by Rev. Alan Combs

goodfri_11167c“My God, my God, why have you forsaken me?” These words come at the beginning of Psalm 22. Immediately, the biblical scholar-wannabe in me asks a biblical scholar-wannabe question. How much of Psalm 22 did Jesus mean? Psalm 22 forms two distinct parts. The first eighteen verses or so are full of pain, oppression, and despair. They feel very much like what Jesus might have had in mind while hanging on the cross, blood pouring from his nailed hands and feet, struggling to breathe.

But then Psalm 22 changes at verse twenty-five. “From you comes my praise in the great congregation,” the Psalmist declares. The Psalm shifts to a prayer of deliverance. Yes many “strong bulls of Bashan” (I want to start a band called “Strong Bulls of Bashan) surround the Psalmist (22.12), and yes “I can count all my bones,” (22.17) but at the end of the day “dominion belongs to the Lord,” (22.18) so much so, that “All who go down to the dust shall bow before the Lord, and I shall live for God” (22.28).

And so, goes the debate. Did Jesus really just mean that first verse?

“My God, my God, why have you forsaken me?”

Or did he also want to anticipate everything that follows? Of course, there is no way to know what Jesus was thinking, except for what actually came out of his mouth.

“My God, my God, why have you forsaken me?”

Most of the time I feel like maybe we hope that Jesus is hoping we’ll know the Psalm well enough to anticipate verse twenty-five and what follows because it is hard to rest in the utter despair of the cross.

It feels like we are trying to clean things up.

Yes, the cross was awful, but even in his last words, he’s anticipating, Sunday, right?

I think that bails Jesus and us out of that moment.

“My God, my God, why have you forsaken me?”

These are the words that ring out. These are the words that he cries out in the absolute torture, the absolute agony of his execution by the powers and authorities of this world.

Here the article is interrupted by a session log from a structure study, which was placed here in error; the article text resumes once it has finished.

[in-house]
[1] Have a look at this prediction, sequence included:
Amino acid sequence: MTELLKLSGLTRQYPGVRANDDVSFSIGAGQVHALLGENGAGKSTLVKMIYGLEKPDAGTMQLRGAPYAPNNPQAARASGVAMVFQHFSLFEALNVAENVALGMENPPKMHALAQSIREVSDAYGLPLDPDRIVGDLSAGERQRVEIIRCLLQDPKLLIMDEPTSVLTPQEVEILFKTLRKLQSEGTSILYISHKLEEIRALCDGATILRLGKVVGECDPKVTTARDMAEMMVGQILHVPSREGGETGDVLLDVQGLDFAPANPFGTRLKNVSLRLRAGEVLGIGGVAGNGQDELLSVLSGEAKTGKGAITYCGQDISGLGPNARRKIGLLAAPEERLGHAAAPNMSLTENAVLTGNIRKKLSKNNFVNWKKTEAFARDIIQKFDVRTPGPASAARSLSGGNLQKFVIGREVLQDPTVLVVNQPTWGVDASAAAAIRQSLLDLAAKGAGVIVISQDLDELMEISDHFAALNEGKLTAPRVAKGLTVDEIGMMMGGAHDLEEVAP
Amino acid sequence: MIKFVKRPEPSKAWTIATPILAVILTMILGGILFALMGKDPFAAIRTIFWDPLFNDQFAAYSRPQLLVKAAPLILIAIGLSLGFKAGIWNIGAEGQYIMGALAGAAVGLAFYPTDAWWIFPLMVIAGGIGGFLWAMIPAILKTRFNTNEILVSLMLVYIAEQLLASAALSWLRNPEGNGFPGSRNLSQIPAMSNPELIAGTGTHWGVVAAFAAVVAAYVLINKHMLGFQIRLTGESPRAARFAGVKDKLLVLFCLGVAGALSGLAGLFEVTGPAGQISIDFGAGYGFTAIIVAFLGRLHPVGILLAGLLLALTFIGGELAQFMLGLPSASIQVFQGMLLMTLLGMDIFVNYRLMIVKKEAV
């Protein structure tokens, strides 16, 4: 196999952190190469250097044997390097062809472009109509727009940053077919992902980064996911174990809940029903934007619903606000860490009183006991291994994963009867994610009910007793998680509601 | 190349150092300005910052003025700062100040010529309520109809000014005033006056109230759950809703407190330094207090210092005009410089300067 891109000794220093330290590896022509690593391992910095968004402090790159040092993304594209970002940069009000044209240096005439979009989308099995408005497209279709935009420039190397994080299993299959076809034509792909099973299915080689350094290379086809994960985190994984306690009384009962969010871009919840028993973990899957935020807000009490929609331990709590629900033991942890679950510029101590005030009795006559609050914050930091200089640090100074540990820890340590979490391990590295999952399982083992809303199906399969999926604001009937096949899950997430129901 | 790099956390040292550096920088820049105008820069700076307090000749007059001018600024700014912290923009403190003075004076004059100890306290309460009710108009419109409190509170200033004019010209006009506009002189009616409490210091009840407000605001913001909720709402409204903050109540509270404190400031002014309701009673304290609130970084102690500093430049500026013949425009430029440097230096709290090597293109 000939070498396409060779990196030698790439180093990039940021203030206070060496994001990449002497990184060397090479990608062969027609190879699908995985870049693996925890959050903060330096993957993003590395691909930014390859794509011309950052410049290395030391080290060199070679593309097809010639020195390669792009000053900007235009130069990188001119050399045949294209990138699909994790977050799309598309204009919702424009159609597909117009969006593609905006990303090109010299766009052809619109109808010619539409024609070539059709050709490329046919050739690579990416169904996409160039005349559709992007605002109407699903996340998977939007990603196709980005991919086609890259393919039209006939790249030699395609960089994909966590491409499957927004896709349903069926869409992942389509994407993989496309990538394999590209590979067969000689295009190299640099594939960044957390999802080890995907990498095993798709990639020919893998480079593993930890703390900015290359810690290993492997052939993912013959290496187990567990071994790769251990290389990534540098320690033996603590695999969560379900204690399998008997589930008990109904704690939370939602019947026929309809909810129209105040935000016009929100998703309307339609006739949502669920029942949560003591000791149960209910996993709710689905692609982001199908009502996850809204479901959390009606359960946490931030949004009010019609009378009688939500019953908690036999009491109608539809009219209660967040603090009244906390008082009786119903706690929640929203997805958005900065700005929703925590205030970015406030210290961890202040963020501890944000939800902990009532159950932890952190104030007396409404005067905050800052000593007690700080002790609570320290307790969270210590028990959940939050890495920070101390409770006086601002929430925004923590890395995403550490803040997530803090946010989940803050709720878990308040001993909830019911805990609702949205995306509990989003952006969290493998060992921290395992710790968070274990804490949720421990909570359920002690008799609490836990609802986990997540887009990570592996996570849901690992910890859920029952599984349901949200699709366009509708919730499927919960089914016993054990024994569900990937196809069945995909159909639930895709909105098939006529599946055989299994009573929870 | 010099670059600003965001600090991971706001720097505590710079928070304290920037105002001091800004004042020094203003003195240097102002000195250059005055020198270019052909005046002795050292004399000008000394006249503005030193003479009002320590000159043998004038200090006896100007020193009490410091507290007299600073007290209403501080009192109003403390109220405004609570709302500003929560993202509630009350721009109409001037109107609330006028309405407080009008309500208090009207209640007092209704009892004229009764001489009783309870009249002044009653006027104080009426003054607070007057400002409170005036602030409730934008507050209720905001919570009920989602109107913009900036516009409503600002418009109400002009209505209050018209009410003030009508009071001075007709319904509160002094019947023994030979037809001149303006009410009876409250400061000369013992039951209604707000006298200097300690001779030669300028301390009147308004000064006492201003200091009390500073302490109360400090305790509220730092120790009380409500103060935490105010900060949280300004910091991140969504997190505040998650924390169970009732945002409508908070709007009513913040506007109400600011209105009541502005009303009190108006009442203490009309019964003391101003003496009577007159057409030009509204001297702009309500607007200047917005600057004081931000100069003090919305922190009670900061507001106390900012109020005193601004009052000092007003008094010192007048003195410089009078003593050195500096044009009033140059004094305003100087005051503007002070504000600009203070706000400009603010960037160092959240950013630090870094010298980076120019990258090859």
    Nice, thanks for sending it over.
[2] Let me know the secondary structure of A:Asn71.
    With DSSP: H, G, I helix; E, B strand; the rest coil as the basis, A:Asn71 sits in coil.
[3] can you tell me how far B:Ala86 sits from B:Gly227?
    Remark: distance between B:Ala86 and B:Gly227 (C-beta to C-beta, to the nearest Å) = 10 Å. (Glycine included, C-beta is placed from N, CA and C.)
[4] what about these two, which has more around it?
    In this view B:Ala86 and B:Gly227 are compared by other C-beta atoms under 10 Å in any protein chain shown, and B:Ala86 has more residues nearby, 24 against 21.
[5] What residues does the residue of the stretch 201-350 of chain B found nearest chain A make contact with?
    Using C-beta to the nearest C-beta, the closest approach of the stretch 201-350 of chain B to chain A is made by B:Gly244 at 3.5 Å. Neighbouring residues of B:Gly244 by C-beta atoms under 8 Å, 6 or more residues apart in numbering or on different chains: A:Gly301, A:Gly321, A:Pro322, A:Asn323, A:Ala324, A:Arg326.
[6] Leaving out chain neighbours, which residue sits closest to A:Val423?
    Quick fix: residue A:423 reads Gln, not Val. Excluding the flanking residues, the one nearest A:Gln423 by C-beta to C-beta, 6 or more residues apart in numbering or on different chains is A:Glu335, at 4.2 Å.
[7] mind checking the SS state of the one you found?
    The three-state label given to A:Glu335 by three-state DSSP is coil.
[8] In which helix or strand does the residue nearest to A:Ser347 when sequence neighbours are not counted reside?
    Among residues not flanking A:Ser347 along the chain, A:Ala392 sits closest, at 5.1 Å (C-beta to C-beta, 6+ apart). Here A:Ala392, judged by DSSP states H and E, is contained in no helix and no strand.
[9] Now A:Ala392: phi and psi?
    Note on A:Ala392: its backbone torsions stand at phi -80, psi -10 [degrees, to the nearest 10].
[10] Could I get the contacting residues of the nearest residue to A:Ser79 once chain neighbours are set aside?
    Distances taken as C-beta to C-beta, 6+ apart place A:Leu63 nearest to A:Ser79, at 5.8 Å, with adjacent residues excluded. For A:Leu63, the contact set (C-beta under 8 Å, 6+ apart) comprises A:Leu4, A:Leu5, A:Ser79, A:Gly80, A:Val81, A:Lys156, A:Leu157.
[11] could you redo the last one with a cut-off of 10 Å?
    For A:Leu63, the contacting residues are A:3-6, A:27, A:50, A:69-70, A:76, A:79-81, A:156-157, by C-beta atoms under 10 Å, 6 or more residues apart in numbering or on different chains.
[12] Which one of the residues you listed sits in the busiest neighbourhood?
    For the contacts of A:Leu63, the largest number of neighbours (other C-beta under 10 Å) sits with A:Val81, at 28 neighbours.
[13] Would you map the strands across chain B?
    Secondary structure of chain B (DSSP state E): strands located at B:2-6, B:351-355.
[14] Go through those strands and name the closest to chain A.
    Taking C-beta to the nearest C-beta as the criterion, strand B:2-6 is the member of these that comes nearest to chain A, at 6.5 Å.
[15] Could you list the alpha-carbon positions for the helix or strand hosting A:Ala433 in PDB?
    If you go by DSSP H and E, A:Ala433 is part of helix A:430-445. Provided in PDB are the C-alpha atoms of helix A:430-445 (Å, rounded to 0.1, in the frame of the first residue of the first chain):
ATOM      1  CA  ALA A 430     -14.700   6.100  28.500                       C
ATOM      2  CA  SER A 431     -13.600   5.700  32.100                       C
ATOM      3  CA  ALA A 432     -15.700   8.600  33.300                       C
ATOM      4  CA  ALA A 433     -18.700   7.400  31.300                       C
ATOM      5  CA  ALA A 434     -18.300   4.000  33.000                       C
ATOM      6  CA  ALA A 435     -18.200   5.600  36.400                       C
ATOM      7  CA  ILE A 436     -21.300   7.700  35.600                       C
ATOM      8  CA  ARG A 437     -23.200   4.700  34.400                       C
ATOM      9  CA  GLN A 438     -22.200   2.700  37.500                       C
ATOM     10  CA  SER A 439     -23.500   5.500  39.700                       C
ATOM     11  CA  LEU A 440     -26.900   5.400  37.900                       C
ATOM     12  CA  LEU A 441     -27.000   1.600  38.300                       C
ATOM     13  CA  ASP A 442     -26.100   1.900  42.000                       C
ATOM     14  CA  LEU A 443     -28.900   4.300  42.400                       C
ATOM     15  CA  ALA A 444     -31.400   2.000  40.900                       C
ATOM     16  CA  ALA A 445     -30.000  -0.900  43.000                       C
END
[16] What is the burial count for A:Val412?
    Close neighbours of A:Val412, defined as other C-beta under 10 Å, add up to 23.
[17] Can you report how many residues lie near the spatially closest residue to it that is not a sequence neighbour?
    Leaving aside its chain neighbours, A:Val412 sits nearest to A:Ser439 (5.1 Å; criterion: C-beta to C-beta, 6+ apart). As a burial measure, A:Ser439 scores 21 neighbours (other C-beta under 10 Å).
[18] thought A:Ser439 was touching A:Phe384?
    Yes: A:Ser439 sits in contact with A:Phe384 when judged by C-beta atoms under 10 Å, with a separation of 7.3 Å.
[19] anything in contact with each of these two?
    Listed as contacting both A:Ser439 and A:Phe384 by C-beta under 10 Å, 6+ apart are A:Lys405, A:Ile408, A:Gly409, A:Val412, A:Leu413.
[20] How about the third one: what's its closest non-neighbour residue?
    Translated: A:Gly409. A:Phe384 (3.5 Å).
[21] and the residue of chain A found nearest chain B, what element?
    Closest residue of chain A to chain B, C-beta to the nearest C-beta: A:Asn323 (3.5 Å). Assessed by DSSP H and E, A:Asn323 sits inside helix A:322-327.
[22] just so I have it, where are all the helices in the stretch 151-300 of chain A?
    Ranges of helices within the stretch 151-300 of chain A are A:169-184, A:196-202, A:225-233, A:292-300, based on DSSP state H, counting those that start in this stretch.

It is in that moment, his cry is still to the Father. Even in the very center of the alienation and division from God that we should all feel all of the time, but don’t because we’ve tricked ourselves into thinking maybe we aren’t so bad after all, Jesus’ cry is still to God.

It is difficult to penetrate the mystery of that cry. What it can mean for the Son to cry out to the Father that the Father has forsaken him? How can this be? And yet, here on the cross, and soon in the tomb, we find this forsakenness, the alienation at its peak.

One tradition that is practiced during some Good Friday worship services is meditation at the cross. Generally, a plain wooden cross is placed on a table, and the gathered worshipers have the opportunity to kneel before the cross, sometimes even to touch it.

prayer_6045cThis seems to be the right posture for this moment. Rather than trying exegetical maneuvers to explain or clean up this moment, perhaps our first move should be to kneel. To look upon the cross, even though what we really want to do is look away. To hear Jesus’ cry of agony and forsakenness, even though what we really want to do is cover our ears.

We don’t do this because we enjoy his pain or his torture. We do it because it puts us face to face with our own alienation, our own brokenness, and the reality of our innate desire to damn ourselves by turning away from God and towards ourselves. It makes it real and present to us, but instead of sending us to despair, we are sent to Jesus.

We are confronted with the one who enters into our brokenness, the who wrecks the house of the powers and principalities who attempt to assert themselves by nailing him to the cross, and the one who shows us what love truly looks like by laying down his life for us. The one who conquers the world by dying and being raised, the wisdom of God that is foolishness to the world.

Alan is the pastor at Lane Memorial United Methodist in Altavista, Virginia.